|A supervolcano caused the largest eruption in European history.
Set to blow? Supervolcano Campi Flegrei reawakening near Naples, could hit 500000 people
A 12-km wide cauldron that forms a vast supervolcano on the coast of Italy is showing signs of reawakening after almost 500 years of inactivity.
Not only is this site rumoured to be responsible for the extinction of the Neanderthals, it’s got 500,000 people living around it right now, and researchers say it appears to be approaching a critical pressure point that could lead to an eruption.
You might imagine a supervolcano as like a regular volcano, only supersized, rising up out of the ground and puffing whirls of menacing smoke from its gaping maw.
But in reality, supervolcanos are extensive fields of volcanic activity, formed when a volcano ejects so much magma from its centre, it collapses in on itself, leaving behind a vast crater, and a landscape littered with geysers, hydrothermal activity, and sulphuric acid.
Think Yellowstone, where lava eruptions and swelling steam vents make up a constantly bubbling, otherworldly landscape.
Campi Flegrei - or "burning fields" in Italian - is another extensive volcanic area, located to the west of Naples, Italy.
Boasting 24 craters and large volcanic edifices, mostly hidden under the Mediterranean Sea, this ancient 'caldera' - or cauldron-like depression - formed 39,000 years ago, as part of the biggest eruption Europe has seen in the past 200,000 years.
Since its formation, Campi Flegrei has only had two major eruptions - 35,000 years ago and 12,000 years ago - and a smaller eruption that occurred in 1538.
But when we say "smaller", it’s all relative, because the 1538 eruption lasted for eight days straight, and spewed so much material into the surrounding area, it formed a new mountain, Monte Nuovo.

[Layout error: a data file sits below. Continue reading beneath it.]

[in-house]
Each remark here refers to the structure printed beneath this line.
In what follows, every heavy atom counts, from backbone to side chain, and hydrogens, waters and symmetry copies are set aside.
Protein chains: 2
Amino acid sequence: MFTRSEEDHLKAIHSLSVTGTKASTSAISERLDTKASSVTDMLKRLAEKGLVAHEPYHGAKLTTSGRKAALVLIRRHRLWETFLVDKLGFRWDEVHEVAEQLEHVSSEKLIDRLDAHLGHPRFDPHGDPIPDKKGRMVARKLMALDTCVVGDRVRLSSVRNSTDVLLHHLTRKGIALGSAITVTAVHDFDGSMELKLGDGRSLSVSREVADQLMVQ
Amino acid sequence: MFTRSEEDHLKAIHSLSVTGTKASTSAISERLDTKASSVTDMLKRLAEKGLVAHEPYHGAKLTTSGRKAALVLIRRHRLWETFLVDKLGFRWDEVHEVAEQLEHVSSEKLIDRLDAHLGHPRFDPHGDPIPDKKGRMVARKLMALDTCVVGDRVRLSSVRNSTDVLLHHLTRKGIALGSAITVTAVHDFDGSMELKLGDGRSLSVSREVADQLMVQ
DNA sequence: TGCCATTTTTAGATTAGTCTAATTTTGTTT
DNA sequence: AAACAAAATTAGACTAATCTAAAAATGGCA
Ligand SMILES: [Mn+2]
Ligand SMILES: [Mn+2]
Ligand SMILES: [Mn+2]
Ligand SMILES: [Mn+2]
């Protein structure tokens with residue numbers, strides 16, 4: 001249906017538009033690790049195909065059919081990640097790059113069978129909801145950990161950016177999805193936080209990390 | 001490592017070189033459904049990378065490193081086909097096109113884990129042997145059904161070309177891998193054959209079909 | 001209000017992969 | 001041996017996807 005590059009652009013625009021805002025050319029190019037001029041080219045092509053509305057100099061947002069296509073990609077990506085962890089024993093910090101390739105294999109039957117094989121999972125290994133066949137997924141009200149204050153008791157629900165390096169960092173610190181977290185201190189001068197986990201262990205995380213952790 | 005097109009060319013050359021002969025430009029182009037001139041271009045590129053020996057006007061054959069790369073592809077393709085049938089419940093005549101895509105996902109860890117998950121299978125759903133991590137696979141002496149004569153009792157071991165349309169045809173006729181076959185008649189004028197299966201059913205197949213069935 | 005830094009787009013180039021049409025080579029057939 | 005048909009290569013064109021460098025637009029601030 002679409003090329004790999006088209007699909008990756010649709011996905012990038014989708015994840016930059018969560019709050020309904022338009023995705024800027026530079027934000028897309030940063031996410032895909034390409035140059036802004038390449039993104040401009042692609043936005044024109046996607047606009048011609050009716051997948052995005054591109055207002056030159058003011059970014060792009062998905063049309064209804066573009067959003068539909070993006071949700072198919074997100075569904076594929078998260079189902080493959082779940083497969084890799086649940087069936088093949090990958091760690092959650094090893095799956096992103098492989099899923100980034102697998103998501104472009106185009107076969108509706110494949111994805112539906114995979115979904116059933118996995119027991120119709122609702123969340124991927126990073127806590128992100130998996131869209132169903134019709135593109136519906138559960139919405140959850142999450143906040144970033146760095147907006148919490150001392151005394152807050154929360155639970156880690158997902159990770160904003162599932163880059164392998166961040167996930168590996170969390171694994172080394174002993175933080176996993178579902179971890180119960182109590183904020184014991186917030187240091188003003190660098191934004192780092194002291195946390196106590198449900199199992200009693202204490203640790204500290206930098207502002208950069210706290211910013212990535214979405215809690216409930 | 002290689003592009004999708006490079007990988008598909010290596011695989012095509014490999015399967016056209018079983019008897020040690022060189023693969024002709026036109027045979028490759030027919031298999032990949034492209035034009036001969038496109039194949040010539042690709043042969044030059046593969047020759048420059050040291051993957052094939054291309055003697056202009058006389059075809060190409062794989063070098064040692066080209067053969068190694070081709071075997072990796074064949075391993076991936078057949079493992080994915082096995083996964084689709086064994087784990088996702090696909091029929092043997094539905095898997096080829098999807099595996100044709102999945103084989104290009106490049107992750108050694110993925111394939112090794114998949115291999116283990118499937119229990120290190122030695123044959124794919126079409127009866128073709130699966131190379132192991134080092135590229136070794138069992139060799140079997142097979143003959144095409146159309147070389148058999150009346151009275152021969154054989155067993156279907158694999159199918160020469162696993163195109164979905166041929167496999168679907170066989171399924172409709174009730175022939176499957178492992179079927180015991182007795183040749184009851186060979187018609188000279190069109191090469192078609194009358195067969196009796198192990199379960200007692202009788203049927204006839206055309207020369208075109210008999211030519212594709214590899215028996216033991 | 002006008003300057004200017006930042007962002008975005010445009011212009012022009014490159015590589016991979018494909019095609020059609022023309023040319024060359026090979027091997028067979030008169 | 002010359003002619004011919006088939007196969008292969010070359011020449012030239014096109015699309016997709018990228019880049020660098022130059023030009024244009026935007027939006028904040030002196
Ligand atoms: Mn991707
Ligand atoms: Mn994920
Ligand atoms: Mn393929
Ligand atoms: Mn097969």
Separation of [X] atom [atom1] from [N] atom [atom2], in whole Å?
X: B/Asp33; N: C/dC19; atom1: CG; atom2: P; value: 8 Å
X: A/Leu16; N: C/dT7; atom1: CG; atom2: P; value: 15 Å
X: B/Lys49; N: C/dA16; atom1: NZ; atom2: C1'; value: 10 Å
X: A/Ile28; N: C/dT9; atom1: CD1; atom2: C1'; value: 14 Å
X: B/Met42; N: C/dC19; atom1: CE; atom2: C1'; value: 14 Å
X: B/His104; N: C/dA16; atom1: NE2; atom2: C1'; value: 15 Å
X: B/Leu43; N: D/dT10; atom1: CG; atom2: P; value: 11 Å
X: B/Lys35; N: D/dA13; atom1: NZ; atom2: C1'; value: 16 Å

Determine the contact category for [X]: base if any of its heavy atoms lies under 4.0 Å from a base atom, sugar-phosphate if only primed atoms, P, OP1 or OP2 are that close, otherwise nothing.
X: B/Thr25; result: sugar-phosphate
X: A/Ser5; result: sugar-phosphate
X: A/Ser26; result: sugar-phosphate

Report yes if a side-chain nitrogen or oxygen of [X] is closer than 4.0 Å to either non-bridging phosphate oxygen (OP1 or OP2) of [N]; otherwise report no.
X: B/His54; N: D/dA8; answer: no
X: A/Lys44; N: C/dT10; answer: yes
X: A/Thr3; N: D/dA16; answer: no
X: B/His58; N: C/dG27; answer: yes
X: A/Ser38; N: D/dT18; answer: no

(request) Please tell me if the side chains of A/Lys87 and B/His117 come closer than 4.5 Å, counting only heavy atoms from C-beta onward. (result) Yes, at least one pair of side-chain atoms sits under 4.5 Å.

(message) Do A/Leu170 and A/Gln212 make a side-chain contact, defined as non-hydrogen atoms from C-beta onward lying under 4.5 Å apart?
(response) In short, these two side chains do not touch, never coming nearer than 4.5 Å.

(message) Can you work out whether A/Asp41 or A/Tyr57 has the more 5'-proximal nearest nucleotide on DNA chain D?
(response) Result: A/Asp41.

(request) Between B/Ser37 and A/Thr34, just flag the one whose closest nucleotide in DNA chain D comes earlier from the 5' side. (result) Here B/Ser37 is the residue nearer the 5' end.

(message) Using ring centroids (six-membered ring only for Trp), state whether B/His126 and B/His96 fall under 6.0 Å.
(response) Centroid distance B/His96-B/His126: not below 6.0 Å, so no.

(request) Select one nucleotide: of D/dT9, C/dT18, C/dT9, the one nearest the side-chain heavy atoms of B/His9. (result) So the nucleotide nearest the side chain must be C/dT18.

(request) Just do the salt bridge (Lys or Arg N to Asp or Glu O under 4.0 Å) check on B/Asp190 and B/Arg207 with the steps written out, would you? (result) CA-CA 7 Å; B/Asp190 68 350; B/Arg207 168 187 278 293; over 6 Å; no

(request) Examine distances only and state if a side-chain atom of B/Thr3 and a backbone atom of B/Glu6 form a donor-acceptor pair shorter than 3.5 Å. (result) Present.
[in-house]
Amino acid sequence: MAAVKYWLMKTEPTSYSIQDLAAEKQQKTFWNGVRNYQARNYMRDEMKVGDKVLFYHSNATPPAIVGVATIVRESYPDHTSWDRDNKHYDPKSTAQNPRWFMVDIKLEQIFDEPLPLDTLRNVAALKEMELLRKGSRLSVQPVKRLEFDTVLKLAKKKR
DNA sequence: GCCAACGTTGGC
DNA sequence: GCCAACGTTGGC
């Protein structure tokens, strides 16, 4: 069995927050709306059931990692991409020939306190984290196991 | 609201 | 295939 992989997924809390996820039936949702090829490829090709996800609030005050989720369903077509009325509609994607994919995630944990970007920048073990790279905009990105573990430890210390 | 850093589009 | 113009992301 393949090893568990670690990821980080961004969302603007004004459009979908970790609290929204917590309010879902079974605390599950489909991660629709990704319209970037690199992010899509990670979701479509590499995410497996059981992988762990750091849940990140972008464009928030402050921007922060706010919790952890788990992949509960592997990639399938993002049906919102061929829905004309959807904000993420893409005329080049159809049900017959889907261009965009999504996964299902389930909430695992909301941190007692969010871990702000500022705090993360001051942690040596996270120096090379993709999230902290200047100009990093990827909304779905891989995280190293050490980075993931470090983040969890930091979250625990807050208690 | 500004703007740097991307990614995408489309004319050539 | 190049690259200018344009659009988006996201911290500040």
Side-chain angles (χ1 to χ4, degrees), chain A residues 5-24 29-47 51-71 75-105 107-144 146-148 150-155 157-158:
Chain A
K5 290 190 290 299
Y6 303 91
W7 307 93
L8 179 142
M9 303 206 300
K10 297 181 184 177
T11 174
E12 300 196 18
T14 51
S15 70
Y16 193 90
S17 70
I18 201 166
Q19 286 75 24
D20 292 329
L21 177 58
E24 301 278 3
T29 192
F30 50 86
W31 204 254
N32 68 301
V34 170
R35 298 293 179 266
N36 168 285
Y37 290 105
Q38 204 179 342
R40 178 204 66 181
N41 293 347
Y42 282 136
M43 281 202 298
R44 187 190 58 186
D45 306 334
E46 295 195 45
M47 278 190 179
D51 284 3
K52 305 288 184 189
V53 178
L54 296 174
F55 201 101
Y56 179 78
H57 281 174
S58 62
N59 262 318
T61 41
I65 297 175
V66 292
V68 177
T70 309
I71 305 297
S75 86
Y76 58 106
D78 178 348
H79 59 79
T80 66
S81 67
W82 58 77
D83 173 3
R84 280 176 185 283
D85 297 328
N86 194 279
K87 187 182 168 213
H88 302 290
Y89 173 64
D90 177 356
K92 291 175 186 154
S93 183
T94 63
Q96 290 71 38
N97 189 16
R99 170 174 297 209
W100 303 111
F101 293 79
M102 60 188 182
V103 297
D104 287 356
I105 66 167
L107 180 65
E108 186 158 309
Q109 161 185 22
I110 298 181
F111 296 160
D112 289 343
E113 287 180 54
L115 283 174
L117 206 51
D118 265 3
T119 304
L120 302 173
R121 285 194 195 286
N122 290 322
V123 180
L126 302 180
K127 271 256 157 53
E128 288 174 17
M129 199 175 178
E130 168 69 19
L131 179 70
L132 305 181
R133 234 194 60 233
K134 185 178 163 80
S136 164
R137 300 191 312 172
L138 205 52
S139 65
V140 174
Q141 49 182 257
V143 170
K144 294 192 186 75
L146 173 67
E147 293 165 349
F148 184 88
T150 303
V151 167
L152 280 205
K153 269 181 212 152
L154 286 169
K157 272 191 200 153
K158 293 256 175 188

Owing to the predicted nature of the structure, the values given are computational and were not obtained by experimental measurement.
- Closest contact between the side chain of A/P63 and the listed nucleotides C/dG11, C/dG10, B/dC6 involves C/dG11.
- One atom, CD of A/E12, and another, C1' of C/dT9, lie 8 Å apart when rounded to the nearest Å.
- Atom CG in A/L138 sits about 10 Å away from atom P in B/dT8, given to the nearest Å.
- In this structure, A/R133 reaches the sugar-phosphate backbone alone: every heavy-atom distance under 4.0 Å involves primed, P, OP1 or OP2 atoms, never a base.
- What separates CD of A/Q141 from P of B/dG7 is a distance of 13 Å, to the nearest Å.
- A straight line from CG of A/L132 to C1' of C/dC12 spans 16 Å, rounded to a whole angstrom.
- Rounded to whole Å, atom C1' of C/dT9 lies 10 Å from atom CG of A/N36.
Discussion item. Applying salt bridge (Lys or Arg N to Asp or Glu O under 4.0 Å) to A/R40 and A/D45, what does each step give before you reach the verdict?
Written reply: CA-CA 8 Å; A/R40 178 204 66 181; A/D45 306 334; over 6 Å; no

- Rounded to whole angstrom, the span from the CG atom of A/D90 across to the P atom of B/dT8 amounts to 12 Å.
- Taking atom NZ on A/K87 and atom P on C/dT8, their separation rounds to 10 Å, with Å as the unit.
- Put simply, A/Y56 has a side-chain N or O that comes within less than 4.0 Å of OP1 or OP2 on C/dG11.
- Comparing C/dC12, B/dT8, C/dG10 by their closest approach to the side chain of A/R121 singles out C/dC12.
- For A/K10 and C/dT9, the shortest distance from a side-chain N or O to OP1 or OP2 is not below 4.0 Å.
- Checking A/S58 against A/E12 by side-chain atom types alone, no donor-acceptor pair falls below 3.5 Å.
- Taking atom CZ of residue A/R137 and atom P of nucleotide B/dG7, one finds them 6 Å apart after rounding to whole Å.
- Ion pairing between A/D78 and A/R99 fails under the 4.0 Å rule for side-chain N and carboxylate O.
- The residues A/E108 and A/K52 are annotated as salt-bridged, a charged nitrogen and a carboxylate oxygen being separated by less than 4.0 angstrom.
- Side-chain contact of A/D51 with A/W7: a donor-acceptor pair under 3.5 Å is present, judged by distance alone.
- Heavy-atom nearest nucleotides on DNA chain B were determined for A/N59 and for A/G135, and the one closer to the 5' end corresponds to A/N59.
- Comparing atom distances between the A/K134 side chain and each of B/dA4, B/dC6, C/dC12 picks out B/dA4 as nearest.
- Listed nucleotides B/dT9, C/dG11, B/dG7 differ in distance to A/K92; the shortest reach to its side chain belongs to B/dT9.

It’s the whole site that’s a concern though - the eruption that occurred 200,000 years ago is thought to have been so cataclysmic, a 2010 study suggests that it triggered a 'volcanic winter', that ultimately led to the extinction of the Neanderthals.
While the connection of the demise of the Neanderthals remains purely speculative until further evidence can be found, the eruption, which is thought to have spewed almost 1 trillion gallons (3.7 trillion litres) of molten rock onto the surface - along and with just as much sulphur into the atmosphere - is not.
"These areas can give rise to the only eruptions that can have global catastrophic effects comparable to major meteorite impacts," Giuseppe De Natale from Italy’s National Institute for Geophysics and Volcanology, told Reuters back in 2012.
Now a team led by volcanologist Giovanni Chiodini from the Italian National Institute of Geophysics in Rome reports that Campi Flegrei appears to be approaching a critical pressure point that could trigger another eruption.
This critical pressure point - referred to as critical degassing pressure (CDP) - could drive volcanic unrest towards a critical state, the team reports, by releasing jets of super-hot gas into the atmosphere, heating the surrounding hydrothermal fluids and rocks, and causing rock failure and possibly an eruption.
"Hydrothermal rocks, if heated, can ultimately lose their mechanical resistance, causing an acceleration towards critical conditions," Chiodini told the AFP.
Over the past decade, Campi Flegrei has be experiencing an 'uplift', which suggests that the volatile gases beneath it are rising to the surface at an accelerating rate.
In response to this uplift, Italy raised the supervolcano's alert level from green to yellow - or from "quiet" to "requires scientific monitoring".
Two other active volcanoes, Rabaul in Papua New Guinea and Sierra Negra in the Galapagos, "both showed acceleration in ground deformation before eruption with a pattern similar to that observed at Campi Flegrei", Chiodini said.
So should the nearby residents panic?
Not just yet, because at this stage, it's pretty much impossible to predict what the Campi Flegrei caldera will do - if it does anything at all.
"In general, unfortunately, volcanology is not a precise science," Chiodini told Sarah Kaplan at The Washington Post.
"We have many uncertainties and long-term previsions are at the moment not possible! For example, the process that we describe could evolve in both directions: toward pre-eruptive conditions or to the finish of the volcanic unrest."
The researchers are hoping that their latest observations of the supervolcano will urge more researchers to monitor the site in the coming years, because it looks like something is rumbling below - and we need to know just how bad it could get.
The research has been published in Nature Communications.